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Album review: Franz Ferdinand’s new album falls short of predecessors


There’s a reason Franz Ferdinand became the known name of dance rock: It’s fun. It actually makes you want to dance in odd and awkward ways.

It’s been some time since the last Franz Ferdinand release, and the band comes back with a pep in its step and created an album that revisits its roots in dance rock as well as throwing in a few new elements. The newest installment from the Scottish band is at times a blur of music, crossing between energetic rock and synthesized sounds.

From the beginning of “Right Thoughts, Right Words, Right Action,” listeners are made aware that Franz Ferdinand is indeed back. Immediately, singer Alex Kapranos’ vocals come barreling in, with all the distinctiveness they always have had.

The title song, “Right Action,” is the catchy single of the record, while “Love Illumination” is the more rock-based track. Right in the back of “Love Illumination” is a subtle hint of the opening section of MGMT’s“Kids,” giving the song several layers.

“Fresh Strawberries” manages to be both melancholy and light all at once. “We will soon be rotten / We will all be forgotten / Half remembered rumors of the old,” Kapranos croons out. It opens with a somber tone, but moves into light and airy as the song pushes forward into the less than permanent lives most people lead.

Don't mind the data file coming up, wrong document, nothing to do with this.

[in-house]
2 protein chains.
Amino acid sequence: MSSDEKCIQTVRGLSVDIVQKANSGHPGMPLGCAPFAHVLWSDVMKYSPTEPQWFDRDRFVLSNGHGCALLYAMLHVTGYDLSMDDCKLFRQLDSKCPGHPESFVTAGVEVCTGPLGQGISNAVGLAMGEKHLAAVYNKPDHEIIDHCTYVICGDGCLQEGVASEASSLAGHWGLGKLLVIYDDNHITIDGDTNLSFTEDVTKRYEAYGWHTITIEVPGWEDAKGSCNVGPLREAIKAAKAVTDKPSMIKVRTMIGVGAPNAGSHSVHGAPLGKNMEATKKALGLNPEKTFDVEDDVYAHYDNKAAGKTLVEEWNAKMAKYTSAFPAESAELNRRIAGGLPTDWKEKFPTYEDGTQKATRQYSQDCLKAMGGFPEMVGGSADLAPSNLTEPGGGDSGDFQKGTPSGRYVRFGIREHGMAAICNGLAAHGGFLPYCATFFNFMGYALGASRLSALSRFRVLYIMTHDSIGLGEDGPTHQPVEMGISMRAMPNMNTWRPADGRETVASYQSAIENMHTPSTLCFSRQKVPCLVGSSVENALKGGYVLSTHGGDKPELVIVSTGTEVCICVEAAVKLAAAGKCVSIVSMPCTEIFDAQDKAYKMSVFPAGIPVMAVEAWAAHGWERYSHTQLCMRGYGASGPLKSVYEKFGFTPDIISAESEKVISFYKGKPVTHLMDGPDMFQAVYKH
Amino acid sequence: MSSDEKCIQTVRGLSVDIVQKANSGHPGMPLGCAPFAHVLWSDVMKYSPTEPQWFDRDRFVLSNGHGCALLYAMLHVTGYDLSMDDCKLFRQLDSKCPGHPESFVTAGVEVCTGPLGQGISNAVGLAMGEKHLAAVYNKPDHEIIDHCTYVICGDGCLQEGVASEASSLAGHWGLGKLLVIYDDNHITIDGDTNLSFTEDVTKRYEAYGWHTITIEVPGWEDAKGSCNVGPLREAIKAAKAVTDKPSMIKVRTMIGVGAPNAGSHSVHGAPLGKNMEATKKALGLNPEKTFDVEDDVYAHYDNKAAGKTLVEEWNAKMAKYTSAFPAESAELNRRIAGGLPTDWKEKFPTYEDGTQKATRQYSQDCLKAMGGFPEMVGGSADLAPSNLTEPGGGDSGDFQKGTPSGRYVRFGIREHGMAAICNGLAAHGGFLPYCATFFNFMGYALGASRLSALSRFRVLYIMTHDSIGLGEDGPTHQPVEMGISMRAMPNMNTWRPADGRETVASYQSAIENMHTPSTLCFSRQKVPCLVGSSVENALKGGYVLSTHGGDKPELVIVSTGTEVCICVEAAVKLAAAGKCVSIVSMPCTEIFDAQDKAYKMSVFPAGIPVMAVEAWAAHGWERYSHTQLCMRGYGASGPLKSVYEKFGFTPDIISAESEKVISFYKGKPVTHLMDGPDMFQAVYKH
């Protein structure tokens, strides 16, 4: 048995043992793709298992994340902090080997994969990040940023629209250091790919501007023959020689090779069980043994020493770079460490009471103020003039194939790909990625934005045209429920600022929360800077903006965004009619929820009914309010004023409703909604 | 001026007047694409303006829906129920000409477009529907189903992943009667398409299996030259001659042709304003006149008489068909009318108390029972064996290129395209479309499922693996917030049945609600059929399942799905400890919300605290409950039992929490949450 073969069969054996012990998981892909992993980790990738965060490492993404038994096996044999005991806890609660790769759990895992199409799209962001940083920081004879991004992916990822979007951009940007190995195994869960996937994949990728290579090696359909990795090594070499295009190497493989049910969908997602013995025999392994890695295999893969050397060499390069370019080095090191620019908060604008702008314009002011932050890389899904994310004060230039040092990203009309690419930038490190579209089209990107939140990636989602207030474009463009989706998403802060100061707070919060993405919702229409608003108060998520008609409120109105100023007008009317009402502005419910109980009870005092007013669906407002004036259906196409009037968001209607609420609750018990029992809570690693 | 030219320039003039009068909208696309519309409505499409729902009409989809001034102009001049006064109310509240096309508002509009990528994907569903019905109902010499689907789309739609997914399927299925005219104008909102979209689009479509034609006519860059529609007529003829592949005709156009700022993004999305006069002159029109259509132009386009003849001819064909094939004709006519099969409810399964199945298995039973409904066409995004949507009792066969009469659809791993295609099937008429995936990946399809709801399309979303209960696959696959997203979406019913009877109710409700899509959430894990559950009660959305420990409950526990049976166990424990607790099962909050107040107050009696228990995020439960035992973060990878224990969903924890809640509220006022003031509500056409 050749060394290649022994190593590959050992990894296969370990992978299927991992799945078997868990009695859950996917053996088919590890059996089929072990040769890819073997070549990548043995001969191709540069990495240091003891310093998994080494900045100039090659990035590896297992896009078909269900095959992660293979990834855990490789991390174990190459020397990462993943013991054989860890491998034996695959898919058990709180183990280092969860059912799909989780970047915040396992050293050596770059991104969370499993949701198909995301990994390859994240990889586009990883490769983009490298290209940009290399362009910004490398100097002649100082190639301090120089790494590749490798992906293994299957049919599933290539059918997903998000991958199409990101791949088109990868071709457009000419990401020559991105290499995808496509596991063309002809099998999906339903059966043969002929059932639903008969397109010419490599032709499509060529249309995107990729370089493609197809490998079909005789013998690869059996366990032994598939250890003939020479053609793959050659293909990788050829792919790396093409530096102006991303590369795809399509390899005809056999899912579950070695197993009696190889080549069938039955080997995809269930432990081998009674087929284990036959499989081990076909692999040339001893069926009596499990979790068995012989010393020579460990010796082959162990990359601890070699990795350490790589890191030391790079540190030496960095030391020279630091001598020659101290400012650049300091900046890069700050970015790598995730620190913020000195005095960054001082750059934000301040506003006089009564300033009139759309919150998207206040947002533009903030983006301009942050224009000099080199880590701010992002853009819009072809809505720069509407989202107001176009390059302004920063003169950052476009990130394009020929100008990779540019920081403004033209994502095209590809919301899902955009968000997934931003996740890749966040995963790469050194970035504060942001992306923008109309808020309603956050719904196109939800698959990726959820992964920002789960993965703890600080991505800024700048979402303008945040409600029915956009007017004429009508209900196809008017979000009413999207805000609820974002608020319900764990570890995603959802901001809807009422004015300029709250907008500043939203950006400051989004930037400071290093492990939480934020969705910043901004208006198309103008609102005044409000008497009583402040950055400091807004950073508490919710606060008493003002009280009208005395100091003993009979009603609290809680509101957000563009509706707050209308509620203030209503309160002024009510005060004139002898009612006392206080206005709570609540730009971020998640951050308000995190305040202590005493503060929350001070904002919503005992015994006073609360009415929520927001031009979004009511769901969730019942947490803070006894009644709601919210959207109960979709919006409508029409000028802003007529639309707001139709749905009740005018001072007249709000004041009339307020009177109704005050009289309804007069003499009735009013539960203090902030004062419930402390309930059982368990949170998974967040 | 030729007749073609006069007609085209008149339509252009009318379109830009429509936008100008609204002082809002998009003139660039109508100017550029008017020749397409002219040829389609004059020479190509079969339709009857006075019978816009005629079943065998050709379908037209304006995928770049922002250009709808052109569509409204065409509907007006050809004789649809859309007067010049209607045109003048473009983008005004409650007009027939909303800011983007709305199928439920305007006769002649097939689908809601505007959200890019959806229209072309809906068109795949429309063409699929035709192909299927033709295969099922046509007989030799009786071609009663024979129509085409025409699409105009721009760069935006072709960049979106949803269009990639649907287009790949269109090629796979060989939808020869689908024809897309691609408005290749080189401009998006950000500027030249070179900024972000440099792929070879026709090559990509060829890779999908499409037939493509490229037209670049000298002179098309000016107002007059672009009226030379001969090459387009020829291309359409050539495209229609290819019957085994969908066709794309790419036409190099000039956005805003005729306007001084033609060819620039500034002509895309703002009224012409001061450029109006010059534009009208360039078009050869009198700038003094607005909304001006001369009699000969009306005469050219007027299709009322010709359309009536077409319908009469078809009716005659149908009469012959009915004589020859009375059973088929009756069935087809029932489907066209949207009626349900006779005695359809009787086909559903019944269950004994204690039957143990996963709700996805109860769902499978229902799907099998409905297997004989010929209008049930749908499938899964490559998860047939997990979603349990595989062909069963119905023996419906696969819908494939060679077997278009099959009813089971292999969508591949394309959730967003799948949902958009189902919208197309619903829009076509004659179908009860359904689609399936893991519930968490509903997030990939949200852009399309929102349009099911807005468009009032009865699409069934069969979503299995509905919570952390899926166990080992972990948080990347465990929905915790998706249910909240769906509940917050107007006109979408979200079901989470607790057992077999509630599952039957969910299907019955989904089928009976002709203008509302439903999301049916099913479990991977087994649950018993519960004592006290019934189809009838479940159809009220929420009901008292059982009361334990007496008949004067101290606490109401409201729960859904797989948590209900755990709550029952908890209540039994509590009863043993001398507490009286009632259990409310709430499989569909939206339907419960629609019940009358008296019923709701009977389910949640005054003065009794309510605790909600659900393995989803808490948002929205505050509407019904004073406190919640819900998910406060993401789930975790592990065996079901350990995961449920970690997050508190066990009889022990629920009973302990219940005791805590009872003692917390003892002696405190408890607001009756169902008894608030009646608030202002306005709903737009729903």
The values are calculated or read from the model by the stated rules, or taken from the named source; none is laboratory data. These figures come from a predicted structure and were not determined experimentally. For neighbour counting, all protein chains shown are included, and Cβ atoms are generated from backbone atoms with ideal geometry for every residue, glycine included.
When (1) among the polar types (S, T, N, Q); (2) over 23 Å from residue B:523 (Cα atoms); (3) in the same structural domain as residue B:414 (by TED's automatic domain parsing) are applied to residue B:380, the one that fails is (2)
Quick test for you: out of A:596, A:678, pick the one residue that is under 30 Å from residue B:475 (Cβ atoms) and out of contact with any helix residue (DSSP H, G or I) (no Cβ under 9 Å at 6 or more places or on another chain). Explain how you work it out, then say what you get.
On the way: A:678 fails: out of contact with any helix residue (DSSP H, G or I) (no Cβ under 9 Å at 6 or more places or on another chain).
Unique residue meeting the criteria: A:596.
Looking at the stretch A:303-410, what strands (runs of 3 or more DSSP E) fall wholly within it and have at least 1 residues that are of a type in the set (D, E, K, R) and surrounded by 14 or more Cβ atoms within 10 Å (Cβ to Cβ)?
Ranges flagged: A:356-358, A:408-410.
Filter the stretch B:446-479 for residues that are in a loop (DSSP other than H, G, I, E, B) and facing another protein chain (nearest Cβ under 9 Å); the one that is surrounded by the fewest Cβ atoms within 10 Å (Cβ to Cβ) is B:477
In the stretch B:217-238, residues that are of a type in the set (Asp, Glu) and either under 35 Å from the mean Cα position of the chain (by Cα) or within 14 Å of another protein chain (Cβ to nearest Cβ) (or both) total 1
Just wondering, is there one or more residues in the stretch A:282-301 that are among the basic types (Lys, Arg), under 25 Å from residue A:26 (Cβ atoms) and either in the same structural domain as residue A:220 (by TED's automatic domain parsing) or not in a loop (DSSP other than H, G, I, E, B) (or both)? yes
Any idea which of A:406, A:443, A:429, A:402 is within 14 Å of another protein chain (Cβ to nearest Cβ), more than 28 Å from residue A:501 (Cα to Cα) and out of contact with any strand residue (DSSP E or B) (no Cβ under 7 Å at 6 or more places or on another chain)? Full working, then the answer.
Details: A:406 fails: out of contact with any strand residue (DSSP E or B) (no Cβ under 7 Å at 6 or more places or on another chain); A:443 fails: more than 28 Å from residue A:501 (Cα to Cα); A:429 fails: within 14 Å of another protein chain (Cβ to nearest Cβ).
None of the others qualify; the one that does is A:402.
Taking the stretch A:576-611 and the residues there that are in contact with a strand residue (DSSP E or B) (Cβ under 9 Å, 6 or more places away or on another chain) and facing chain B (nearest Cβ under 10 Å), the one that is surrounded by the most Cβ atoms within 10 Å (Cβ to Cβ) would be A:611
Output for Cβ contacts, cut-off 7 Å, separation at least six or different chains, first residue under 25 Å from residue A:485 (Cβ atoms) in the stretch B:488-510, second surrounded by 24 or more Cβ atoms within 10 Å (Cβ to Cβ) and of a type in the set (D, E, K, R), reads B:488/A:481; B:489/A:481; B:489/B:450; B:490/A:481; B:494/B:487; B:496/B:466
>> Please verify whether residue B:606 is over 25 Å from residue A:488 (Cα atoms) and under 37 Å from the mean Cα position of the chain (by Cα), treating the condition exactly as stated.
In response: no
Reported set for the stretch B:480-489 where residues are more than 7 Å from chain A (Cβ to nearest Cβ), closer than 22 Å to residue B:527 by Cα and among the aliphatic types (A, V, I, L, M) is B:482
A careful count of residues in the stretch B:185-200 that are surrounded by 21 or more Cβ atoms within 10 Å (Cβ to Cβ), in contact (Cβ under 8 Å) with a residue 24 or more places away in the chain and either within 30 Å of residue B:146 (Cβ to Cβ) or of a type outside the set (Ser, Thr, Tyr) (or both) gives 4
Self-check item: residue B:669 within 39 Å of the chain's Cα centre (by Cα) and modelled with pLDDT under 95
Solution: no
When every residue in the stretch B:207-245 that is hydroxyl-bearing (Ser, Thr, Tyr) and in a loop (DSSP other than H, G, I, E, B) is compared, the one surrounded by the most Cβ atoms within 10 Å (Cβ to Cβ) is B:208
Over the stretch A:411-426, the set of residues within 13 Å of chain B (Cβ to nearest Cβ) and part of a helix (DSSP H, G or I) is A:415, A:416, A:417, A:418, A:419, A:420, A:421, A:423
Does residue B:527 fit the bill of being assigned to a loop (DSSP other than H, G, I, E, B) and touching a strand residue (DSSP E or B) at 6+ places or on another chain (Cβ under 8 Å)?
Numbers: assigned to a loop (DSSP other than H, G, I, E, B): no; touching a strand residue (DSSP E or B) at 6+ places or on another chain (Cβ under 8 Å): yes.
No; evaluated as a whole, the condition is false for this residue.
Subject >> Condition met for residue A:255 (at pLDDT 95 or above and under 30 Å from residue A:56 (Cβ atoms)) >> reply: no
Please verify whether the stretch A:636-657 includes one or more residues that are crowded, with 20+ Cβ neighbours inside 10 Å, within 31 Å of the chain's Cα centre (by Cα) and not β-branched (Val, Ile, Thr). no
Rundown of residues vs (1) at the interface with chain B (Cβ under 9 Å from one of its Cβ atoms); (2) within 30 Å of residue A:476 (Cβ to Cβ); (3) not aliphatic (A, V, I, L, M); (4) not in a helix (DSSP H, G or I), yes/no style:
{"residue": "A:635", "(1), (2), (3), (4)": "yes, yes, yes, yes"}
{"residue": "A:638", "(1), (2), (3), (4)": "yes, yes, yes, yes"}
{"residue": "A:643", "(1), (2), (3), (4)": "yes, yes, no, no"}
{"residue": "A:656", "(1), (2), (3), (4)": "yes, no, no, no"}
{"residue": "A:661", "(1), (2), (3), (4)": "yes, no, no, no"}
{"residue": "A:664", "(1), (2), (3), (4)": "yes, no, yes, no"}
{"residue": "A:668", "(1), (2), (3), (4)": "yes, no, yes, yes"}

With a drum roll and then a guitar entering the picture, “Bullet” is a fast paced track with a distinct guitar line through the rest of the song. What makes Franz Ferdinand is the memorable guitar riffs that take over most all of the songs. It’s the same with “Treason! Animals.” Whether it is subtle or even over-the-top, the group crafts its instrumentation in an unforgettable fashion and melds it into subtle synth beats.

Where “Right Thoughts, Right Words, Right Action” fails is that it doesn’t quite stack up to its predecessors. None of the tracks have the eerie feeling of “Ulysses” from 2009’s “Tonight: Franz Ferdinand” or just enough oomph to beat “Take Me Out” from Franz Ferdinand’s 2003 self-titled album.

Grade: B+ 

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